Wrapping Up Our Time in Salvador

Greetings! It's Nicki again. Today we left Salvador and headed to Brasilia. As I look back at our time in Salvador, it seems that the Balé Folclórico da Bahia performance we attended last night is a perfect reflection of our experiences on this portion of our trip. The program we received before entering the theater explains the show and its influences, "The folklore and the popular culture of Brazil were formed by the combination of three different influences: European, by the Portuguese colonization; African, by the slaves; and Indígena, the native from Brazil. Balé Folclórico da Bahia shows, in the purest state, some of the most important expressions of Bahian folklore and some dances of the Candomblé, an African religion in which music and dance are in if the main factors" (Balé Folclórico da Bahia Program). This summary reflects the main ideas we learned in Salvador.

The first act of the ballet depicted Candomblé followers going into a trance with the Orixás (African gods). This trance is similar to a possession, but due to the negative connotation associated with the word, members of Candomblé prefer trance. The performers were dressed in traditional Candomblé white cloths and the Orixás were dressed extravagantly in garments that fit their personality and showed their power. From the first stay in Salvador, we have learned about these gods and goddesses. Each performer showed the individual Orixá's attitude and temperament in their dance. They each have the ability to rule over certain areas of the material world. For example, Ogum is the God of Iron and War and Oxum is the Goddess of Rivers and Lakes. The worshippers on stage danced in their trance-like state and it reminded me of a lecture given to us by Lisa Castillo. She explained that the act of a person being taken over by an Orixá in Candomblé is misunderstood. In her article "Icons of Memory: Photography and its Uses in Bahian Candomblé", she explains that the religion does not allow photographs to be taken of their religion, especially during the possessions, because many people use these images in a way that harms the religion (13). The media will print these photos with headlines and articles proclaiming they are witches or even devil worshippers. Knowing that Candomblé is very secretive about their rituals made seeing this beautiful performance of a sacred event even more special.

The second act was solely focused on the Orixá of the sea, Iemanjá. As she performed, the crowed was silently admiring her grace and power. The dancer depicting Iemanjá was ornately dressed in traditional blue and white clothing with a crown of sea shells. Fisherman and their wives joined Iemanjá on stage as the stage light grew brighter symbolizing the sunrise. They performed a typical worship that is still done today on beaches all over Bahia. The fisherman and their wives do this dance and song to ask for protection and a good day's catch before heading out into the ocean. On our first tour with Simone, she took us to a fish market where we were able to see a shrine for Iemanjá. She told us that anywhere there were fishermen, there was a shrine to Iemanjá.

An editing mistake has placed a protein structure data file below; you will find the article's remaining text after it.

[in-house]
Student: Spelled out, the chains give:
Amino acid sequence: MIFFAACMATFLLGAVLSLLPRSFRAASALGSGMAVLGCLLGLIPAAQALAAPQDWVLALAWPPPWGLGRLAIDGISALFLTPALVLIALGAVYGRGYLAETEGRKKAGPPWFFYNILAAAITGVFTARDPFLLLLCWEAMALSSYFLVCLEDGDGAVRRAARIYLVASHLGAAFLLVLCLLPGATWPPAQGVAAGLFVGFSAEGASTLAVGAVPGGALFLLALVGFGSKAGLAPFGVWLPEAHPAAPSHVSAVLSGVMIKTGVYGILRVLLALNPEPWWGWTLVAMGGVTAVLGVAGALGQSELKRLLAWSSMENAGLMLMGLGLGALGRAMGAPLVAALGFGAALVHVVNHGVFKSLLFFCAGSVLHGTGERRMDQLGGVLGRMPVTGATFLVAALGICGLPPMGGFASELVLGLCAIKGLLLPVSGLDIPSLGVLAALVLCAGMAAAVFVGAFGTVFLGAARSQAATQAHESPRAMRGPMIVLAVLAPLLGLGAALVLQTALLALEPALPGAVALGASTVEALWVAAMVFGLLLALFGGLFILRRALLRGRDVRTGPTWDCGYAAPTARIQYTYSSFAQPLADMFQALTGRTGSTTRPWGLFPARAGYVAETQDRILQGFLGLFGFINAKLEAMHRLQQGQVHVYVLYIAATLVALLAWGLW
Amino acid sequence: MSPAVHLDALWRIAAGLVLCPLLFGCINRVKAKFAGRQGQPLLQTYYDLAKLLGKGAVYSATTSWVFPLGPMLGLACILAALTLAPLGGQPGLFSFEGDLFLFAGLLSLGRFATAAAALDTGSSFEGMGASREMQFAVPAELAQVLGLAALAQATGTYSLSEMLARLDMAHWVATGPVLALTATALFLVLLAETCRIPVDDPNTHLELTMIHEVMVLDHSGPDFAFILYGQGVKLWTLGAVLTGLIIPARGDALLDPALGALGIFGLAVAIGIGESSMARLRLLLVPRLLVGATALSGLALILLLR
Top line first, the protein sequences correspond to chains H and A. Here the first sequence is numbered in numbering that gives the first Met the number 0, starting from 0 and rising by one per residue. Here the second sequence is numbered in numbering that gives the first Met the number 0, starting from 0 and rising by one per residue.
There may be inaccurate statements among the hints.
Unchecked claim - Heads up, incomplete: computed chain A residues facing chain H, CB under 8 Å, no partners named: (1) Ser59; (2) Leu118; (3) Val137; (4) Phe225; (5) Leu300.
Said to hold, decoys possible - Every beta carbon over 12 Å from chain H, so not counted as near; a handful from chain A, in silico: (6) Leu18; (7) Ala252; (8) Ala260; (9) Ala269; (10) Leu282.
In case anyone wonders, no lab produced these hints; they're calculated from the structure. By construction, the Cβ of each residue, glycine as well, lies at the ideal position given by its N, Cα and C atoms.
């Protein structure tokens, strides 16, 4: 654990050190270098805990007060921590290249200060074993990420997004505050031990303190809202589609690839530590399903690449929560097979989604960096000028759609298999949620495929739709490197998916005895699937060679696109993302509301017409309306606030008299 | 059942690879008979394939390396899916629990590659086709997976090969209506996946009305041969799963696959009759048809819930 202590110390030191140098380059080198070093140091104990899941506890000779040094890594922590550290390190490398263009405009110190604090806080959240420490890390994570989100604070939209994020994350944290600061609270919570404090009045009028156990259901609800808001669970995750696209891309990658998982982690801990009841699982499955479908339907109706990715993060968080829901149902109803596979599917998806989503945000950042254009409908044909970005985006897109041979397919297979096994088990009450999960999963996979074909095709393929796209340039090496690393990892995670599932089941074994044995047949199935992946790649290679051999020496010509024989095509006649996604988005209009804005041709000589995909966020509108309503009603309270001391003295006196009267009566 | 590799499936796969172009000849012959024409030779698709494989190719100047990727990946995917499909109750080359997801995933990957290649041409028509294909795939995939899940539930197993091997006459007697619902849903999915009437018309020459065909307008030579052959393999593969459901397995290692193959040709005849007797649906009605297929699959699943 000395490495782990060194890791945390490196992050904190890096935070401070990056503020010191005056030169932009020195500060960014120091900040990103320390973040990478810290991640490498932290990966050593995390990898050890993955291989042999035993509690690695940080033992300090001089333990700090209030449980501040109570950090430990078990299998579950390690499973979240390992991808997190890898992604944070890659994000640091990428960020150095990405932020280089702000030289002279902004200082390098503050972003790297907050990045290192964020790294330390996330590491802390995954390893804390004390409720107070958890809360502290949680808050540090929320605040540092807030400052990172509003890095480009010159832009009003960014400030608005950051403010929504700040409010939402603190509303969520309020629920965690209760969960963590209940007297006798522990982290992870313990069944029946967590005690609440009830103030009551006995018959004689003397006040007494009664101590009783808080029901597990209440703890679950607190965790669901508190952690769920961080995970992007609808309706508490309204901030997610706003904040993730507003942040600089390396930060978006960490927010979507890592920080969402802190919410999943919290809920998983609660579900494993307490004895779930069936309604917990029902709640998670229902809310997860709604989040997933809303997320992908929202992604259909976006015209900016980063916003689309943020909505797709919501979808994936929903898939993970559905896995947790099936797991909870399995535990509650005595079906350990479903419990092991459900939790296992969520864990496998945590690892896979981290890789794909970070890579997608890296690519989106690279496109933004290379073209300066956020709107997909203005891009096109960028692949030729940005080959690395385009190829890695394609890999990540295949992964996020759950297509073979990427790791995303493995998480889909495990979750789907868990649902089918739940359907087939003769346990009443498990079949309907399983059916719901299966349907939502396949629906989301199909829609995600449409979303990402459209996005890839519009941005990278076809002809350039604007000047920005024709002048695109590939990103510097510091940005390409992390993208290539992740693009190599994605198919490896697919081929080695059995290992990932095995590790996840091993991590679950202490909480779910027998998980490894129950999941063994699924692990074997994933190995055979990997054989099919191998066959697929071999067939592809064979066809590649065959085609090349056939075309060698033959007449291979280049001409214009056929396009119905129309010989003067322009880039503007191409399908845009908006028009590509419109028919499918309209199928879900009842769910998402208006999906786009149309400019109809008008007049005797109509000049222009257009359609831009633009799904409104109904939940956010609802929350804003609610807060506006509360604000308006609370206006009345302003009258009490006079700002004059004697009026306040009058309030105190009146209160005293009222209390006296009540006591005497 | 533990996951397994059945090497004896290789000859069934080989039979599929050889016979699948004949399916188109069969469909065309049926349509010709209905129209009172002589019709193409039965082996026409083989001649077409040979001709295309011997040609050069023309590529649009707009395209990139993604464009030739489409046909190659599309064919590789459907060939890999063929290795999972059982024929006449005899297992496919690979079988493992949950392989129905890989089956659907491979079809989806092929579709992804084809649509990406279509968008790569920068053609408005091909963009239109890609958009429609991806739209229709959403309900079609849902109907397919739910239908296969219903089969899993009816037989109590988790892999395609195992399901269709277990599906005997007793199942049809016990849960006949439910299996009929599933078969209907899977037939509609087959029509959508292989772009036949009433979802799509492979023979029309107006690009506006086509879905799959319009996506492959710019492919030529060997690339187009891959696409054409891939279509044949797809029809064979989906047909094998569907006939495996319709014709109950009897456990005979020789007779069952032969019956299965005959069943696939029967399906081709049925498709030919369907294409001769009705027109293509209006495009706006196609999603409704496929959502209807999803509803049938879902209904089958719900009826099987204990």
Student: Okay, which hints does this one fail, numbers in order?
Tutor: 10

The next big act depicted was capoeira. This portion of the performance was very high energy and intense. We read about capoeira before we left the States which gave us a general concept of the art. Capoeira is a martial art that mixes fighting with dance. It was created by slaves in colonial Brazil. We also attended a capoeira class while in Salvador at which we learned more and were taught basic movements, but nothing could have prepared me from what we saw at the ballet. The performers were masters of capoeira. They would kick high in the air barely missing their opponent's head. The performers sparred very fast back and forth but never made contact. They used wooden sticks while attacking each other, but again, never making contact with skin. The drums beat on while they traded a wooden stick for a machete. They swung the machete at one another without batting an eye and they moved so quickly I was surprised no one was injured. Every time the machetes made contact with each other, sparks flew. It was exhilarating to witness such athletic and articulate movements performed along with rhythmic drums.

When the show ended, I was left wanting more. All of the aspects of the performance showed the mixed history of Brazil. The African influences throughout the performance was heavy.The capoeira and Candomblé are descendant from African traditions, though they have a European and indigenous twist. Balé Folclórico da Bahia emulated our time in Salvador and showed the large impact the African slaves continue to have on Brazilian culture.

 Check back for more tomorrow!


Balé Folclórico da Bahia Program. Print.

Castillo, Lisa Earl. "Icons of Memory: Photography and Its Uses in Bahian Candomblé." Stockholm Review of Latin American Studies 4 (2009): 11-23. Print.

Image from: http://arteparatodomundover.blogspot.com.br/2016/01/caminhada-raizes-da-bahia-2016.html?m=1
Image from: http://www.aloalobahia.com/notas/bale-folclorico-da-bahia-desembarca-no-sul-do-brasil